A recent trip to Maine brought an unexpected encounter with thick fog near the tip of a 4,000+ foot breakwater. This rendezvous brought to mind Stephen King’s novel “The Mist”. The physics behind harbor sheltering structures such as breakwaters share some of the same principles we encounter in room acoustics and sound isolation analyses. Whether or not physics is scary is up to the reader, but what could happen to the harbor without careful engineering certainly is!
Breakwaters are barriers used to protect harbors or coastlines, and the ships in or near them, from the force of ocean waves. Sound waves (like those analyzed on a daily basis here at MA) and ocean waves follow similar principles but propagate through different media. Diffusion, scattering, reflection, energy mitigation, and wavelength considerations are all part of both acoustic and breakwater design.
This particular breakwater was constructed by the United States Army Corps of Engineers in 1900 out of approximately 700,000 tons of rock. The visible top of the breakwater is about 43 feet wide formed out of coursed granite blocks, while the underwater base reaches an estimated width of 175 feet.
For this rubble-mound style berm breakwater, every aspect was intentionally engineered. The outermost ocean-side layer consists of loose rock arrangements. The space between the rocks allows them to move, absorbing some of the wave energy in the process. The spaces also interrupt the propagation of an ocean wave, allowing them to break in random fashion instead of crashing in unison unleashing all the energy at once. The random geometry of the breakwater (which extends well below the surface) helps to diffuse and scatter incoming ocean waves instead of creating specular reflections back out to lingering ships. The depth of the breakwater and trapezoidal shape with a steep sea-facing angle is needed to address low frequency ocean waves with long physical wavelengths. The result is a calmer harbor for ships to wait out a storm and a reduction of the erosion and destruction that might be caused if the powerful ocean waves were allowed to enter unencumbered.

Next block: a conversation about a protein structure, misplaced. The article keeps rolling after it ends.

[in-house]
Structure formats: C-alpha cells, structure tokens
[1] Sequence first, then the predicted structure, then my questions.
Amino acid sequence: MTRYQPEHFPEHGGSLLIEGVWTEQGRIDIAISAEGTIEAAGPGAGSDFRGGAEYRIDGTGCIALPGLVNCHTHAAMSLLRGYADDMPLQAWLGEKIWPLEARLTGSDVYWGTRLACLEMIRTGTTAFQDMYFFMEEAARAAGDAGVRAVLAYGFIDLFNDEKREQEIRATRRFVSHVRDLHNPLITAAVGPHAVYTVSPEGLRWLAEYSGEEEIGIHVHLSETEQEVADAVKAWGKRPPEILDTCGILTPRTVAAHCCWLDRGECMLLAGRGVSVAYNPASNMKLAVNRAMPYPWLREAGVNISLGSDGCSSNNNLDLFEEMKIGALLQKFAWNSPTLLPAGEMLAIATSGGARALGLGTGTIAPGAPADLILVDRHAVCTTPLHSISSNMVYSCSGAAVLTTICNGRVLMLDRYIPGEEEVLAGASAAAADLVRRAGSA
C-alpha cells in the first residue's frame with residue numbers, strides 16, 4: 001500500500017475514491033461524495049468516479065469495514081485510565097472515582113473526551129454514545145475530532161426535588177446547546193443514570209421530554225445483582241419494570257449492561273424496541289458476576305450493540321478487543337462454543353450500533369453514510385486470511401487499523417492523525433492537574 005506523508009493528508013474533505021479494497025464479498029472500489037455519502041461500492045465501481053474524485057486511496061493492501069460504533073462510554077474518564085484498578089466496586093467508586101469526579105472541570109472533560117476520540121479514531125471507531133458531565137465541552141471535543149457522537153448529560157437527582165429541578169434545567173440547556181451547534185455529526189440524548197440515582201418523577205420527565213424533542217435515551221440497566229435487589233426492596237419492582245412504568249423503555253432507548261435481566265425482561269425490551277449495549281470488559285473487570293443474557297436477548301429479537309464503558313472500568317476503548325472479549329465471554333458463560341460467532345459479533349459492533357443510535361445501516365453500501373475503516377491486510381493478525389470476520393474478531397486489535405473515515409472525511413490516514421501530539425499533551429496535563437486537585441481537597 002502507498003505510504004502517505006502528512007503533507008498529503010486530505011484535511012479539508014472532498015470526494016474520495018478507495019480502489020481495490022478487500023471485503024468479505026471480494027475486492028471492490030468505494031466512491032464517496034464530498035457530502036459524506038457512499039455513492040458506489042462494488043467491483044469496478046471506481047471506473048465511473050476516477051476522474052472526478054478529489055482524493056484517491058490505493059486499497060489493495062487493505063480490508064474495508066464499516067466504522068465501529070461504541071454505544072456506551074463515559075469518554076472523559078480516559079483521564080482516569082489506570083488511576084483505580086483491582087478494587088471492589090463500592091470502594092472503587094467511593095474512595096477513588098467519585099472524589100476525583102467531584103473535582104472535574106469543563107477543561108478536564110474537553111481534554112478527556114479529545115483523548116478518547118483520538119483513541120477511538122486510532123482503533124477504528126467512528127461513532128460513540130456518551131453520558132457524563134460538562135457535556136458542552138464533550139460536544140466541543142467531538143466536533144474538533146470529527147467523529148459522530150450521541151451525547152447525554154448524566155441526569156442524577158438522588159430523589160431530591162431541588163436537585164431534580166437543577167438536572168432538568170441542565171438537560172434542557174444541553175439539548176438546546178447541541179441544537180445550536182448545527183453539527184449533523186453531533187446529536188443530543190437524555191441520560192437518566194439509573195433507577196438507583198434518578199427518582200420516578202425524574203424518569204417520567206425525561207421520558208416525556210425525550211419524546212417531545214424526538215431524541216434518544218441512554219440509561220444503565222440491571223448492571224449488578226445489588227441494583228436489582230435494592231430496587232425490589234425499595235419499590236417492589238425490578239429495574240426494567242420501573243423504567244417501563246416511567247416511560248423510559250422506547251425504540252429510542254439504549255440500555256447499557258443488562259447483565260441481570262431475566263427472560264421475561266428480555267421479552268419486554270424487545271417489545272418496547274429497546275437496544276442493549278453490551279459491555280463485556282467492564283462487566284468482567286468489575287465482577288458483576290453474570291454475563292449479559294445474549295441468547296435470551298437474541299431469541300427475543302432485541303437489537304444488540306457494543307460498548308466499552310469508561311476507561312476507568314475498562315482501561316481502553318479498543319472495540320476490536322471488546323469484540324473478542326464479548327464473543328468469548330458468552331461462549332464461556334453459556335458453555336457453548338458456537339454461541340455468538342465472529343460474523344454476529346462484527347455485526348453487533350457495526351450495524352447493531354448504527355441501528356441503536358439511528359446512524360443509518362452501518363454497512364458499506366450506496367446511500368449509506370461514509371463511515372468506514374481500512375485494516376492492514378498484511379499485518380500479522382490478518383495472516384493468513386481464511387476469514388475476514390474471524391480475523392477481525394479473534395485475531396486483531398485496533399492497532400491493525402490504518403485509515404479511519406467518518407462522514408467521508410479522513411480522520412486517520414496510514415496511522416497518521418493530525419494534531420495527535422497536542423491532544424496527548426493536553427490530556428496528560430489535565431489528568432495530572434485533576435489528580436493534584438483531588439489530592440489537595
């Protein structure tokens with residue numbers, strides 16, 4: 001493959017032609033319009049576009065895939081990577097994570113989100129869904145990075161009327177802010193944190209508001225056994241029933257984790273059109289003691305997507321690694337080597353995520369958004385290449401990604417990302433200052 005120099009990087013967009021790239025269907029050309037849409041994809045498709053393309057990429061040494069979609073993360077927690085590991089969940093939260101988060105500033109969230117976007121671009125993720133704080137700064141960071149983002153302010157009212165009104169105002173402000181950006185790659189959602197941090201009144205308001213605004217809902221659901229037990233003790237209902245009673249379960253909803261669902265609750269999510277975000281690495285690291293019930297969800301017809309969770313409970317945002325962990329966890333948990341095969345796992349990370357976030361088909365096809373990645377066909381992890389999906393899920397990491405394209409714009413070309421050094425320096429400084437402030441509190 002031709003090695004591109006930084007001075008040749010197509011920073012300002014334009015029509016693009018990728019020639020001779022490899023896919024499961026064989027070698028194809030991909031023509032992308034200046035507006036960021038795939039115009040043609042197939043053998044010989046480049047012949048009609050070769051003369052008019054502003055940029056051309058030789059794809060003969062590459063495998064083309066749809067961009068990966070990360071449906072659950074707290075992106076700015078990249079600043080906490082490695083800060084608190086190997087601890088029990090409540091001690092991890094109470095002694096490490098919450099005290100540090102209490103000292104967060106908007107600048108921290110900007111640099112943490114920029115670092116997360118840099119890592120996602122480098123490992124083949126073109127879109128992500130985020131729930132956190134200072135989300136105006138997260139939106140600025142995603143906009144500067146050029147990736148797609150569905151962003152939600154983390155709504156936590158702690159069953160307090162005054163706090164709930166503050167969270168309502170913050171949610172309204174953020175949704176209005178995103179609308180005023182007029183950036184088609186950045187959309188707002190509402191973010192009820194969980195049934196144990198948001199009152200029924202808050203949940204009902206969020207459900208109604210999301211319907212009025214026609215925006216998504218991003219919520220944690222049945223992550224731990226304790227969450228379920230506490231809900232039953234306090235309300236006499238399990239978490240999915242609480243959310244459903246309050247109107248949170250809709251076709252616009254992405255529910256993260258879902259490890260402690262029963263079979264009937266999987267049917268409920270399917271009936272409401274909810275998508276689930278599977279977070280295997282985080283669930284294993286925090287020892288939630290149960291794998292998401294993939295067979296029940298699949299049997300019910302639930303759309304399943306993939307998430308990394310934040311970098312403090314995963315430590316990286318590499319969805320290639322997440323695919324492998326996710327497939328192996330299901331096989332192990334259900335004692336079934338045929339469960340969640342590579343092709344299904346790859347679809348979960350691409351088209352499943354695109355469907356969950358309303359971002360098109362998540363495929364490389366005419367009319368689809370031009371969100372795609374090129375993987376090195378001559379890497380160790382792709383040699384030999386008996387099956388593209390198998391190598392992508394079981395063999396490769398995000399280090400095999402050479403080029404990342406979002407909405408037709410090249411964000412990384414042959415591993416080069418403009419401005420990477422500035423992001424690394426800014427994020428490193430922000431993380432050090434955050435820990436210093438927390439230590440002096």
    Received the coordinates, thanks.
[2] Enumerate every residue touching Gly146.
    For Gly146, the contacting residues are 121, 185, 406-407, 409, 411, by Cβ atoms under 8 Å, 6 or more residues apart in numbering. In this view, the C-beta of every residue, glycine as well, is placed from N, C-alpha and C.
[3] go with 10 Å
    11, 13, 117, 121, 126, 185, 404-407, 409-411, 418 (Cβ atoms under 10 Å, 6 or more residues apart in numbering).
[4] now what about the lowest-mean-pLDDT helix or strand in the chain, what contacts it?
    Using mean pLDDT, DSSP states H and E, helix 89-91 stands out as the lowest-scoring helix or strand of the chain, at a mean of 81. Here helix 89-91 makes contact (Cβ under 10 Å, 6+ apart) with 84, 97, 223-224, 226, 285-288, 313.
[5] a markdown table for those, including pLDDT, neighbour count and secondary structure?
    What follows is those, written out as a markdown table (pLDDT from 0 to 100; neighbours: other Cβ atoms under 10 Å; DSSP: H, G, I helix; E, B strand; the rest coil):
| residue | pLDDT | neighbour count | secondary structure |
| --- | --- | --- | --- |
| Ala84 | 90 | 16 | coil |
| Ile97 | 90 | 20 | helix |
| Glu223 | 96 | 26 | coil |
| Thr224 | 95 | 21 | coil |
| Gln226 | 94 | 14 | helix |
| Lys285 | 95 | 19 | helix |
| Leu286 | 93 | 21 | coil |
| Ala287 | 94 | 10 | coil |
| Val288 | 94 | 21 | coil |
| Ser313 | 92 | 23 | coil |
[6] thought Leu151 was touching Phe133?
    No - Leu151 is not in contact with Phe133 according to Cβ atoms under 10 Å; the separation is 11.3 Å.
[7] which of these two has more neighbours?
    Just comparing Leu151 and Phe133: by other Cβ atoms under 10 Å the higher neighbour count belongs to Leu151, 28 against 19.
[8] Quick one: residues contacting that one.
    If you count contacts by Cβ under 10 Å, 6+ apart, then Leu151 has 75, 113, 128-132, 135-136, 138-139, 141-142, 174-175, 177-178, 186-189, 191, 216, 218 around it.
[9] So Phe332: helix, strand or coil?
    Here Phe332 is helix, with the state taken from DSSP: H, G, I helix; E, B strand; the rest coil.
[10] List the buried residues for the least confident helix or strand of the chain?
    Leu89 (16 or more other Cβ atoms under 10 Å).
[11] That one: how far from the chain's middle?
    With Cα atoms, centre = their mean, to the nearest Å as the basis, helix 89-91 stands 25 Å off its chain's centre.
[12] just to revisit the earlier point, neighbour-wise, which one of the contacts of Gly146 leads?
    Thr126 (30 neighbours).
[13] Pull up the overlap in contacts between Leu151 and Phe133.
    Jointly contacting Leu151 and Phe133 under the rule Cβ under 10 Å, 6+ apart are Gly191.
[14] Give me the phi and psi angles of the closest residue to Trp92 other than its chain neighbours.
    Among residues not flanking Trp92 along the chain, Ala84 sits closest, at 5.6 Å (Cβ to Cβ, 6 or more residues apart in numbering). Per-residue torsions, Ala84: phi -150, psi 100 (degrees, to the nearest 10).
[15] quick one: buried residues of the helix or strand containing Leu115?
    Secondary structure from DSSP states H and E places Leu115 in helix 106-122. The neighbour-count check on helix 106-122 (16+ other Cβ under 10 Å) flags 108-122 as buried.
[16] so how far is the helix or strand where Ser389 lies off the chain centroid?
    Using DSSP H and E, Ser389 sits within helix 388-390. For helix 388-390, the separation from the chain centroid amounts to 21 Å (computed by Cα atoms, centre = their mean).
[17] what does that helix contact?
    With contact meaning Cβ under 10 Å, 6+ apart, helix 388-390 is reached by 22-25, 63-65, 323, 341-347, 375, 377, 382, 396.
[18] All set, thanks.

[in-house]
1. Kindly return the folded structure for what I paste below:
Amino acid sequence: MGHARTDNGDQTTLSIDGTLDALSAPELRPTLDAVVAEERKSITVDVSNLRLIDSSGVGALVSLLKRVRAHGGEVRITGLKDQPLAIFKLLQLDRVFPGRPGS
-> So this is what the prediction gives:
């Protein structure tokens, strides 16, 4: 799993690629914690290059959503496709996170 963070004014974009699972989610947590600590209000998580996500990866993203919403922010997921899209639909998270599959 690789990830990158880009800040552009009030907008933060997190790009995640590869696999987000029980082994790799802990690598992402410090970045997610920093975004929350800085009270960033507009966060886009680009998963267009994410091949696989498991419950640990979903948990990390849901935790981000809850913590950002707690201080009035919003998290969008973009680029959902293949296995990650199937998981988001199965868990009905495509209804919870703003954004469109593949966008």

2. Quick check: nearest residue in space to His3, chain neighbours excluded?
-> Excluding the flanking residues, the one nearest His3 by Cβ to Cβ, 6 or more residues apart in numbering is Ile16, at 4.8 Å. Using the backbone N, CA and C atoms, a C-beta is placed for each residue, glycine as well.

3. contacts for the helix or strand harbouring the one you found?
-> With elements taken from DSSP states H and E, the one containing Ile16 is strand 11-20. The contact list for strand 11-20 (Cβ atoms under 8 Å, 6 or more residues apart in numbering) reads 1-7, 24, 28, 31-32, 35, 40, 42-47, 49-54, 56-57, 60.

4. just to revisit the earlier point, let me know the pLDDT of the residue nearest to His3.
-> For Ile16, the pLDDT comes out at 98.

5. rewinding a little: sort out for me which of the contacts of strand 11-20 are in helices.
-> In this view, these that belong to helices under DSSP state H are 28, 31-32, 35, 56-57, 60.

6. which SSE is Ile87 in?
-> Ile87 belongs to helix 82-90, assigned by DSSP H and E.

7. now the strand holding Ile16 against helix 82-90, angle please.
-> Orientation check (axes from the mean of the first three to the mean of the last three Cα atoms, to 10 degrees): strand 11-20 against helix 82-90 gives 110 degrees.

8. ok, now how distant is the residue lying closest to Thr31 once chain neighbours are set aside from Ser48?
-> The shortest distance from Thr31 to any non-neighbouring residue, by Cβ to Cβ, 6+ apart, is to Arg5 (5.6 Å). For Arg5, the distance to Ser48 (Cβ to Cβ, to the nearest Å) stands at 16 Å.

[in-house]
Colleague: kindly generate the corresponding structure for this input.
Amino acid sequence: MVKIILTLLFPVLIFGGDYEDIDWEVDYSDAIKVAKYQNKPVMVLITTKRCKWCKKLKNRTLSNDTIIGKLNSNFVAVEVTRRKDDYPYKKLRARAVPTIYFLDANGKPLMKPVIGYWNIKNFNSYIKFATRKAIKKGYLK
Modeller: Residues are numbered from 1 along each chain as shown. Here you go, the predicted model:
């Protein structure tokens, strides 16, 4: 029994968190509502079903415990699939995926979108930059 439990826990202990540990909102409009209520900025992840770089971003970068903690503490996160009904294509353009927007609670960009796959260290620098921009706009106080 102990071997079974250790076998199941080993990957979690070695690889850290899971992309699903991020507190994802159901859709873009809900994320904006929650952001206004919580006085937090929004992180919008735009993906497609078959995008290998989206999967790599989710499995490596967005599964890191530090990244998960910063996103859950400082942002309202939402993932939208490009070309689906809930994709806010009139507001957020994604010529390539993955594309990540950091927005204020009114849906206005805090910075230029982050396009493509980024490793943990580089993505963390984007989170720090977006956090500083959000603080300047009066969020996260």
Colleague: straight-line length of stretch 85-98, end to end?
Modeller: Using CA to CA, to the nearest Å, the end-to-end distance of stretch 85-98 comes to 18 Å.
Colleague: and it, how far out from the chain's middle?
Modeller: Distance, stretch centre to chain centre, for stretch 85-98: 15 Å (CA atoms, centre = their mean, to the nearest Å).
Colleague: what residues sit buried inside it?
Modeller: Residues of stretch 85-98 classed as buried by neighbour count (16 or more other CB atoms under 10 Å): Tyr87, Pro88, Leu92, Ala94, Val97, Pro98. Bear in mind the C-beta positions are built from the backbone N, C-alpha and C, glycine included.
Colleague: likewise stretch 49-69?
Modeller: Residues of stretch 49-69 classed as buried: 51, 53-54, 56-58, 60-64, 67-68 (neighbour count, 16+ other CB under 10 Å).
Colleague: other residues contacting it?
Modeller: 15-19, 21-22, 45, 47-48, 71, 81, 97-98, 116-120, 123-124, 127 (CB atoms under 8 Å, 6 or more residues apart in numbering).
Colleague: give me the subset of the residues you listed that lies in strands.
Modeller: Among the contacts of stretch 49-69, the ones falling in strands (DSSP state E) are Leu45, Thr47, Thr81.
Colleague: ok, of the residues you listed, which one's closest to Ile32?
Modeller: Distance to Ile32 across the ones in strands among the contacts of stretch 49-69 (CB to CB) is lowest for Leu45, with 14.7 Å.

All of this is analogous to acoustical design that we encounter on a daily basis: utilizing a resilient element in a ceiling or wall improves transmission loss. Diffusion and scattering are used regularly to help create uniform listening environments and reduce adverse reflections. Diffusive and reflective panels in performance halls are sized to be as large or larger than the wavelengths of soundwaves they are to reflect; otherwise, low frequency soundwaves will diffract or “bend” around the panel.
If not carefully engineered, breakwaters can have unintended consequences, such as salient formations: if too many ocean waves are redirected to the same place, sediment can accumulate over time. Similar phenomena can occur in room acoustics if diffusor and reflector size, type, and placement are not carefully considered, the result could be hot spots or undesirable build-up of spectral content.
Acoustical engineering has the power to prevent frightening destruction. Music has the ability to create moods and induce fear, but that is last year’s October newsletter. Stay safe and have a Happy Halloween!